BOSTON, MA — The Wyss Institute for Biologically Inspired Engineering at Harvard University announced today that one of its core faculty members, George Church, has been elected a member of the National Academy of Sciences (NAS) in recognition of his distinguished and continuing achievements in original research. Membership in the academy is one of the highest honors accorded a scientist or engineer.
Church, who is also Professor of Genetics at Harvard Medical School and Director of the Lipper Center for Computational Genetics, is known for his many innovative contributions to genomic science, including development of DNA sequencing technologies, advancement of personal genomics with the Personal Genome Project, and fundamental research in synthetic biology. He has also made pioneering advances in the fields of chemistry and biomedicine. In 1984, he developed the first direct genomic sequencing method, which resulted in the first commercial genome sequence, and he helped initiate the Human Genome Project. In 2005, he initiated the Personal Genome Project. He invented molecular multiplexing, second-generation genome sequencing and genome engineering, with applications ranging from human pluripotent stem cells to bioenergy.
At the Wyss Institute, he conducts research into new technologies for genomic and proteomic measurement, and synthesis and modeling of biomedical and ecological systems, with a focus on personal genomics and biofuels. He also leads the Wyss Biomaterials Evolution Platform, which is dedicated to the development of massively parallel capabilities for directed evolution of molecules, polymers and whole genomes for regenerative medicine and bioenergy applications.
"This is tremendous recognition of the truly visionary work being done by George in so many different areas of science," said Wyss Institute Founding Director, Donald E. Ingber, M.D., Ph.D. "His presence here inspires all of us at the Wyss Institute to challenge ourselves to engage in the kind of research and technology development that can lead to truly transformative breakthroughs. We are honored to count him among our core faculty members."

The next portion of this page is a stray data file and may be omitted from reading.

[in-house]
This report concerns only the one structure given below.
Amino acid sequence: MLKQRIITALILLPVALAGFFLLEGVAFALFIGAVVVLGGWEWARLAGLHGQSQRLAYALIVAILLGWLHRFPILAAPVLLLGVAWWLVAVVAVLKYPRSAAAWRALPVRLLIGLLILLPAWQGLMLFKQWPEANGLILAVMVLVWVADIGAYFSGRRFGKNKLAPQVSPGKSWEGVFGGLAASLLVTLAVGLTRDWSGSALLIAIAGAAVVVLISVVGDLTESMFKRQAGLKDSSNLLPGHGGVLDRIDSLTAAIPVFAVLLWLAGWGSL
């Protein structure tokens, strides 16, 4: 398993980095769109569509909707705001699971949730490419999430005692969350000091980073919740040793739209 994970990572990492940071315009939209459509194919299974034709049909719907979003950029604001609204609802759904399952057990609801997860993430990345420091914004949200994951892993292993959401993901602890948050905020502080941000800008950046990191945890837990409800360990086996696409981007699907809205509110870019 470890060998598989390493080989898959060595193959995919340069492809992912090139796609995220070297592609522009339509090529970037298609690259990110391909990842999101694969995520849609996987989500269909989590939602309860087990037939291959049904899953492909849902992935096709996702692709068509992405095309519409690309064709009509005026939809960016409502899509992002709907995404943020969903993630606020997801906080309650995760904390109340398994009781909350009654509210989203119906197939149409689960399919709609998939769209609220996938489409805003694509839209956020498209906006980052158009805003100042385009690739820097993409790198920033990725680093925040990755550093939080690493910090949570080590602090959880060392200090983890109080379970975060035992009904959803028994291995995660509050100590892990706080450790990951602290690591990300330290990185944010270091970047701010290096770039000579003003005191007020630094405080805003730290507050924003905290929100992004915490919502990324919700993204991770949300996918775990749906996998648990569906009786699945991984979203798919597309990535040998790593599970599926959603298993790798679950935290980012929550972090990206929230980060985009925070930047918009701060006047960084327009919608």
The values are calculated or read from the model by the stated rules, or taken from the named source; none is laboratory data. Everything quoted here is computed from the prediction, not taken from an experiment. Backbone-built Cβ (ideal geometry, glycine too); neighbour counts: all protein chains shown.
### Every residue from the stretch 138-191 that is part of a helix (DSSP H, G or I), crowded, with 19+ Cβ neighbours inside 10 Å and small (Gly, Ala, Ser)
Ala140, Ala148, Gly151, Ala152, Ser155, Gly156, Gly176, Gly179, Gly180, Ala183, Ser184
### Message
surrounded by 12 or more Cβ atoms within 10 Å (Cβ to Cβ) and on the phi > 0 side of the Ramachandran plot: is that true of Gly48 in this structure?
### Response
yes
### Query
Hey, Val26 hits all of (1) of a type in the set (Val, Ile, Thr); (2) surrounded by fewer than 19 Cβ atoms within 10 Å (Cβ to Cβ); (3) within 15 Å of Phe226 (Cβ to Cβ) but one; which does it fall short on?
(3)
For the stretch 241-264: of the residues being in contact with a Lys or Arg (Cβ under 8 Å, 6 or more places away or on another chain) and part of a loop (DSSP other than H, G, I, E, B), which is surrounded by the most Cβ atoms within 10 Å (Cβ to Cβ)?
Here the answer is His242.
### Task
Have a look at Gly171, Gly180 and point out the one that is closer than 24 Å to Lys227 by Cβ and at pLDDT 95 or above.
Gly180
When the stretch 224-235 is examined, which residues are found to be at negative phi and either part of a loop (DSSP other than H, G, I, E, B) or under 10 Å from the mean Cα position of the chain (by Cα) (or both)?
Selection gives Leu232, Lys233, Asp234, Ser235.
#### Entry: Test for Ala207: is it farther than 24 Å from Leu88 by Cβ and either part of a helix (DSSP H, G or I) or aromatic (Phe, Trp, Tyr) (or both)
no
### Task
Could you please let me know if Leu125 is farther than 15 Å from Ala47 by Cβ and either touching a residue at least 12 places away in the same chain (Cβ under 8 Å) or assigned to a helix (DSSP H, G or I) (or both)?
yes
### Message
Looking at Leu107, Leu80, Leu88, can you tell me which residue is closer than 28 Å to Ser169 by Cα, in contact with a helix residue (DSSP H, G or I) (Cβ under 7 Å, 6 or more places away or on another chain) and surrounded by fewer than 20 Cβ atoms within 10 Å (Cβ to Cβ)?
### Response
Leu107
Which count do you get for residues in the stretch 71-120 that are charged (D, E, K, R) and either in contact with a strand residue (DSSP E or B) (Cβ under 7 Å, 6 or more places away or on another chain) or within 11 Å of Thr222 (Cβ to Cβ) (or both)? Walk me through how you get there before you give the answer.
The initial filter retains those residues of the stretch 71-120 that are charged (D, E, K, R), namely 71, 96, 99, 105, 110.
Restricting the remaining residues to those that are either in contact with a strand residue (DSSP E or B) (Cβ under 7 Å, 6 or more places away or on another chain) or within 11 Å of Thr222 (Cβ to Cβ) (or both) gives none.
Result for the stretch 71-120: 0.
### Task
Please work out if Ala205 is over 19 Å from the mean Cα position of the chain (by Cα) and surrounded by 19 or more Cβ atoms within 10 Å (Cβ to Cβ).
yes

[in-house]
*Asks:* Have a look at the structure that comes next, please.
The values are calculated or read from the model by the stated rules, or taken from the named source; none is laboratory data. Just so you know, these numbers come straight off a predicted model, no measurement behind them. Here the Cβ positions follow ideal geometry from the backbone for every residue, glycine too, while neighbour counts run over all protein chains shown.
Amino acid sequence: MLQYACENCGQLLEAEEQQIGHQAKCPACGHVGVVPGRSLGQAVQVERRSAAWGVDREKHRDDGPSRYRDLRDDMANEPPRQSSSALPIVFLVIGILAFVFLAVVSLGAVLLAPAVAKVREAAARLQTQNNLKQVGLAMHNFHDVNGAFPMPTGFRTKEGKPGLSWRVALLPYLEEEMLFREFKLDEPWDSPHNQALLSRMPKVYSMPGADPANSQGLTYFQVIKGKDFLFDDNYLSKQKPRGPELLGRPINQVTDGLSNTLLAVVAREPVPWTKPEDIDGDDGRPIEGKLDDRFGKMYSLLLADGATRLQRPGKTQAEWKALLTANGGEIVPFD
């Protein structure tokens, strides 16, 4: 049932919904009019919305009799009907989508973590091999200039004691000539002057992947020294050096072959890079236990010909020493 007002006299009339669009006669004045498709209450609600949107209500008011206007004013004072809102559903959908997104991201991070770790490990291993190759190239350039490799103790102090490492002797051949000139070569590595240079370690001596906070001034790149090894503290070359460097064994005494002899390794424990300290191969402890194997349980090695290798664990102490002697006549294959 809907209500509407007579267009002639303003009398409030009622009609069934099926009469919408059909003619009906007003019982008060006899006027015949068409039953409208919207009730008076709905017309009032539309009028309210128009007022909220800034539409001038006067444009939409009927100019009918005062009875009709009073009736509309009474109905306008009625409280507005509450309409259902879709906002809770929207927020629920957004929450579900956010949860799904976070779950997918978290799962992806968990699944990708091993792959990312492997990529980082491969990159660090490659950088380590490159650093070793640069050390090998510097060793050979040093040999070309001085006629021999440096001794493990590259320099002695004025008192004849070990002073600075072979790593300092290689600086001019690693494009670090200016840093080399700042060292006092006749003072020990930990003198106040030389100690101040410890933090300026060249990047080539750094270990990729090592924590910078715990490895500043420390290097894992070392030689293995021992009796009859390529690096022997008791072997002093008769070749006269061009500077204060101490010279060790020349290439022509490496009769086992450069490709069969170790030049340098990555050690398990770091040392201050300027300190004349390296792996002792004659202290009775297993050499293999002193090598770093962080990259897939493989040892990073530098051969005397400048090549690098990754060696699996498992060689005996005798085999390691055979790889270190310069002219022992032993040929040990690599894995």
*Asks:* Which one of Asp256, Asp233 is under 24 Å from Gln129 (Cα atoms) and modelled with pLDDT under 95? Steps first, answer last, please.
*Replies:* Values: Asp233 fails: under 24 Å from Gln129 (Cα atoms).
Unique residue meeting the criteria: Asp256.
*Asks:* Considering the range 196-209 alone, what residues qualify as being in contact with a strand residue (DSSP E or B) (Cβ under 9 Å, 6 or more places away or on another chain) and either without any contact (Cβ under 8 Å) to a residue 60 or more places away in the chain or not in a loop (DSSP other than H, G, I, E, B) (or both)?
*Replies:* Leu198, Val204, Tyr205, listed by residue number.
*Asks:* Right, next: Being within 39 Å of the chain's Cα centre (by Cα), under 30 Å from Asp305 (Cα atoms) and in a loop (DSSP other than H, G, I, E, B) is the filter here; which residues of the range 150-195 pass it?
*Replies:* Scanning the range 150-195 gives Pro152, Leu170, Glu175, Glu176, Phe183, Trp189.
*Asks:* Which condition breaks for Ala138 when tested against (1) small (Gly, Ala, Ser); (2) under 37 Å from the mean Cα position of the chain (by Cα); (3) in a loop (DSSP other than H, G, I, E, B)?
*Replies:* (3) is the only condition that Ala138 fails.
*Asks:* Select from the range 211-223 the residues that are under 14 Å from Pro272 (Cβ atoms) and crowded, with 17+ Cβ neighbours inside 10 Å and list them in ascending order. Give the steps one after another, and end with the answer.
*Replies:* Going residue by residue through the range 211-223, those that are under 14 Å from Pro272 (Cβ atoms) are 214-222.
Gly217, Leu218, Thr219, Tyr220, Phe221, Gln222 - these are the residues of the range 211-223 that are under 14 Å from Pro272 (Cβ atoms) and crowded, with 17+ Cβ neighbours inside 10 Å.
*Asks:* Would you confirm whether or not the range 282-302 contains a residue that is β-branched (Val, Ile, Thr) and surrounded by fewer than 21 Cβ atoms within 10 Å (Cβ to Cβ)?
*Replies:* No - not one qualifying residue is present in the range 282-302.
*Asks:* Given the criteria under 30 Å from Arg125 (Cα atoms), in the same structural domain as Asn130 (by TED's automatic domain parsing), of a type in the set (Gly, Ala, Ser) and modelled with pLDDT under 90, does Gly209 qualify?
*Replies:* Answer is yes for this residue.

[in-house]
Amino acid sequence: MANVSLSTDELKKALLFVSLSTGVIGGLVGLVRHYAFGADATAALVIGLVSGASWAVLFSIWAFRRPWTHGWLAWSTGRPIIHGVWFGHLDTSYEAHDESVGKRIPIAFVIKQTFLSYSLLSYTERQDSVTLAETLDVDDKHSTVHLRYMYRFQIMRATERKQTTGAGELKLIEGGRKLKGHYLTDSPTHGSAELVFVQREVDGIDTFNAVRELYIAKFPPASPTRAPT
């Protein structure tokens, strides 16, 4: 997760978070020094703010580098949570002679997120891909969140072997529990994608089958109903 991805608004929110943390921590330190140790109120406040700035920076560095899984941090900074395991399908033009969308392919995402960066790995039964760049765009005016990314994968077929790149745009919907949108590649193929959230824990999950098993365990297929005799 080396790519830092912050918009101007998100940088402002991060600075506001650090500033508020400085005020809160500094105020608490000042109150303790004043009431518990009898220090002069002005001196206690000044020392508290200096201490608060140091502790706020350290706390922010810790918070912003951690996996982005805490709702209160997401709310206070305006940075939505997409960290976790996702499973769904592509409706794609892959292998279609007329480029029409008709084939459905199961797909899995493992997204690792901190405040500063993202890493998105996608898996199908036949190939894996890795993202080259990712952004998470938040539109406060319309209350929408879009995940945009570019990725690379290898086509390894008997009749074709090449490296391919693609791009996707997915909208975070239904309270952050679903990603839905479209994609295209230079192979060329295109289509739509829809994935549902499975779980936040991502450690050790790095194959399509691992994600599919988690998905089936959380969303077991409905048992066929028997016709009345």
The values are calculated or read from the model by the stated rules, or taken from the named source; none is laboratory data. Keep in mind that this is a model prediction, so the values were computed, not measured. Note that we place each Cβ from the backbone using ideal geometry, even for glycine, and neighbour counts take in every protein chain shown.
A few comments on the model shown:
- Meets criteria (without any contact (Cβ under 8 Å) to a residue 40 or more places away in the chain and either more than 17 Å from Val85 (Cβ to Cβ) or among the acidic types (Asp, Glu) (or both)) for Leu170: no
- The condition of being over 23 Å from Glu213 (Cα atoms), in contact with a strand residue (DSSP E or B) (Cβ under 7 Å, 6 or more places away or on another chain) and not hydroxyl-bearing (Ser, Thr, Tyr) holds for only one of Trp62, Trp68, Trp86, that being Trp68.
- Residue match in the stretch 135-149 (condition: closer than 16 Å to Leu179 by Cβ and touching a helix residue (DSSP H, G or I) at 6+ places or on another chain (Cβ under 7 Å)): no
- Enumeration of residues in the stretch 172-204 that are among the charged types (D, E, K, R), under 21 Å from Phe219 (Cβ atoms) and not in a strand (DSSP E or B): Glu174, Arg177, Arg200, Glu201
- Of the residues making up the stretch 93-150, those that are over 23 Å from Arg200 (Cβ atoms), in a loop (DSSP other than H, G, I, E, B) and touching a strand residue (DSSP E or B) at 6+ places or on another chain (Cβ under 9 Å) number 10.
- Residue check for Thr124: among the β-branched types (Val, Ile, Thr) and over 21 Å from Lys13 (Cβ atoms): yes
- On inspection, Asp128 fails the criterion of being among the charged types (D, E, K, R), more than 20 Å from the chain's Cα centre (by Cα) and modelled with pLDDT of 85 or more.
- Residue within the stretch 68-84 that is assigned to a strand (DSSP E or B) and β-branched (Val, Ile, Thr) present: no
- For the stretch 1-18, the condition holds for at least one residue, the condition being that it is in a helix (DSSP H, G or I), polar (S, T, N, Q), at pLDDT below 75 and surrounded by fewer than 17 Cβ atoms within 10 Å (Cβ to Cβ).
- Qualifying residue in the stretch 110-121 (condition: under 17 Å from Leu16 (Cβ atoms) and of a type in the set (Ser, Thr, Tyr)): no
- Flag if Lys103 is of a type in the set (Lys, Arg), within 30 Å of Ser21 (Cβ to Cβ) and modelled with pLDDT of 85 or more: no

The NAS is an honorific society of distinguished scholars engaged in scientific and engineering research. It was established by an Act of Congress, signed by President Abraham Lincoln, with the mandate to "investigate, examine, experiment, and report upon any subject of science or art" whenever called upon to do so by any department of the government.
Church was among 72 new members announced by the Academy on May 3. With their inclusion, the NAS now totals 2,113 active members, with 418 foreign associates. (Foreign associates are nonvoting members with citizenship outside the United States.) More than 200 NAS members have won Nobel Prizes over the years. Among the NAS’s most renowned members are Albert Einstein, Thomas Edison, Orville Wright, and Alexander Graham Bell.
Church’s accomplishments have been recognized with numerous awards, including, most recently, the 2011 Bower Award and Prize for Achievement in Science from the Franklin Institute in Philadelphia in honor of his work in genomic science.